(CHICAGO) — Institutional problems within the Chicago Police Department have led to serious civil rights violations for years, including racial bias against blacks and a tendency to use excessive force, according to a U.S. Department of Justice report released Friday.
The Justice Department launched its investigation of the 12,000-officer force — one of the nation’s largest — in December 2015 following the release of dashcam video showing a white police officer shoot a black teenager, Laquan McDonald, 16 times as he walked away holding a small, folded knife. The video of the 2014 shooting, which the city fought to keep from being released, inspired large protests and cost the city’s police commissioner his job.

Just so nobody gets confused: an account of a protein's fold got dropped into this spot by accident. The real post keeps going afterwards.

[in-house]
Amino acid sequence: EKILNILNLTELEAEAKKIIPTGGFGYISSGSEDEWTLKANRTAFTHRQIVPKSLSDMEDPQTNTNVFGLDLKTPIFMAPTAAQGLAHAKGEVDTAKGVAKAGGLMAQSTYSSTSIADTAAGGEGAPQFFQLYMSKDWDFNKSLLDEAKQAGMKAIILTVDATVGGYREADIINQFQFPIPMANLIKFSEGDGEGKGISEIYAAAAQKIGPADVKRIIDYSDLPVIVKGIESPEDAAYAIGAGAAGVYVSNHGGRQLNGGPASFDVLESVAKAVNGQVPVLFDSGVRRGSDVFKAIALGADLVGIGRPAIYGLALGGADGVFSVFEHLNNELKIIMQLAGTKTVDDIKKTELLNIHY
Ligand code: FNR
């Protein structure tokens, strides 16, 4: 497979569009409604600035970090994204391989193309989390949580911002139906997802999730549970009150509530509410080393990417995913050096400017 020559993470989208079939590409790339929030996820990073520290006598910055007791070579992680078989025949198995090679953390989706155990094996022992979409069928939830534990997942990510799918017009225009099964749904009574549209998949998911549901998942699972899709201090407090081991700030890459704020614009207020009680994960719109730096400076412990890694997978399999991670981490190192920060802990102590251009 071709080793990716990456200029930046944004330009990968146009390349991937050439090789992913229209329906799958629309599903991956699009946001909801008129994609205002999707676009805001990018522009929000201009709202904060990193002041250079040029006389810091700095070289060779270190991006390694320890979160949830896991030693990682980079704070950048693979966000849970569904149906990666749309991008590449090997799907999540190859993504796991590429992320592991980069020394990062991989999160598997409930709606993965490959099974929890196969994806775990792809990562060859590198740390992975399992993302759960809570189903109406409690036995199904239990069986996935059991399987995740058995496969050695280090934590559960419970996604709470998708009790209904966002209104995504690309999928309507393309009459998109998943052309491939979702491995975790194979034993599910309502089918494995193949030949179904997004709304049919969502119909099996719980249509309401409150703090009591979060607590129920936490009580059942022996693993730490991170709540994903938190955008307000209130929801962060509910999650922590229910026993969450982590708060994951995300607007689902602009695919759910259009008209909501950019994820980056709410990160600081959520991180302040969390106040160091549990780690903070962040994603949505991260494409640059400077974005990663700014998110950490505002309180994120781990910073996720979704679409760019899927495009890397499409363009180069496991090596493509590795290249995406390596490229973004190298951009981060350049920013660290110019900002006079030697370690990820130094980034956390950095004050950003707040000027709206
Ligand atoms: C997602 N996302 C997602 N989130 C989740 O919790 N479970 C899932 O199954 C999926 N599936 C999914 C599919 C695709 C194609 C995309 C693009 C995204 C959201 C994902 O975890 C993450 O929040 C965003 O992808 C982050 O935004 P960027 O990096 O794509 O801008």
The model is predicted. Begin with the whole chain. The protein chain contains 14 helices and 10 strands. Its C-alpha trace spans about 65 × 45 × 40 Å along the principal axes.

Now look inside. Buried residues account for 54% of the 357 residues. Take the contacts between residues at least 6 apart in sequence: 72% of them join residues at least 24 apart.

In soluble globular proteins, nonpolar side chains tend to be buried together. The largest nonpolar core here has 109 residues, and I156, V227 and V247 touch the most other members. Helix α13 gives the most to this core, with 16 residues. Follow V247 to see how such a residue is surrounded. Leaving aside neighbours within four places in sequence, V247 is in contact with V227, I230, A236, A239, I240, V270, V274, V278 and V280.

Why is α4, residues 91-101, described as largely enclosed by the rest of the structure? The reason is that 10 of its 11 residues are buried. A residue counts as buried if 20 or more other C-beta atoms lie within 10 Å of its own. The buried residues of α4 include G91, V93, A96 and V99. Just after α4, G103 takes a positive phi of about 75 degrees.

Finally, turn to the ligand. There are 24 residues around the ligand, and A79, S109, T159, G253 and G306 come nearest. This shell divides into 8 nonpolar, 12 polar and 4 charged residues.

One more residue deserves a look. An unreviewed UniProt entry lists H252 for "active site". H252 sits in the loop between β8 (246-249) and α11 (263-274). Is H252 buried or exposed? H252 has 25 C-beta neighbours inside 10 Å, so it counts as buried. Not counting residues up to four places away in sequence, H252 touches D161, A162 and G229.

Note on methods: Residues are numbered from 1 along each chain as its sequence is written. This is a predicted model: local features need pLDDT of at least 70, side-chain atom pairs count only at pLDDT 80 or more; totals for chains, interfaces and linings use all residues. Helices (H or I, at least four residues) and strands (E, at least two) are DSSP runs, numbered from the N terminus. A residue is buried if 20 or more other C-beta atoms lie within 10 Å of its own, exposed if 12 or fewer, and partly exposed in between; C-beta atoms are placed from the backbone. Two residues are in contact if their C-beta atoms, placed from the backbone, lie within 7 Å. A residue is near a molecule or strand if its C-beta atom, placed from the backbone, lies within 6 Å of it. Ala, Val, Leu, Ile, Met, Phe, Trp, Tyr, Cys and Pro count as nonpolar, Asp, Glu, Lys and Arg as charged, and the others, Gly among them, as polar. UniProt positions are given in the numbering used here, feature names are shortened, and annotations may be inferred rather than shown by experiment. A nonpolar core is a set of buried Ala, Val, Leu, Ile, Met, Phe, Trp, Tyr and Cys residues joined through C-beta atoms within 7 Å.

Among other findings, the report found city police used excessive and that “this pattern is largely attributable to systemic deficiencies within CPD and the City.” It also cited insufficient training and a failure to hold bad officers accountable.
Under President Barack Obama, the Justice Department has conducted 25 civil rights investigations of police departments, including those of Cleveland, Baltimore and Seattle, among others. The release of a report is one step in a long process that, in recent years, has typically led to bilateral talks between the Justice Department and a city, followed by an agreed upon police-reform plan that’s enforceable by a federal judge.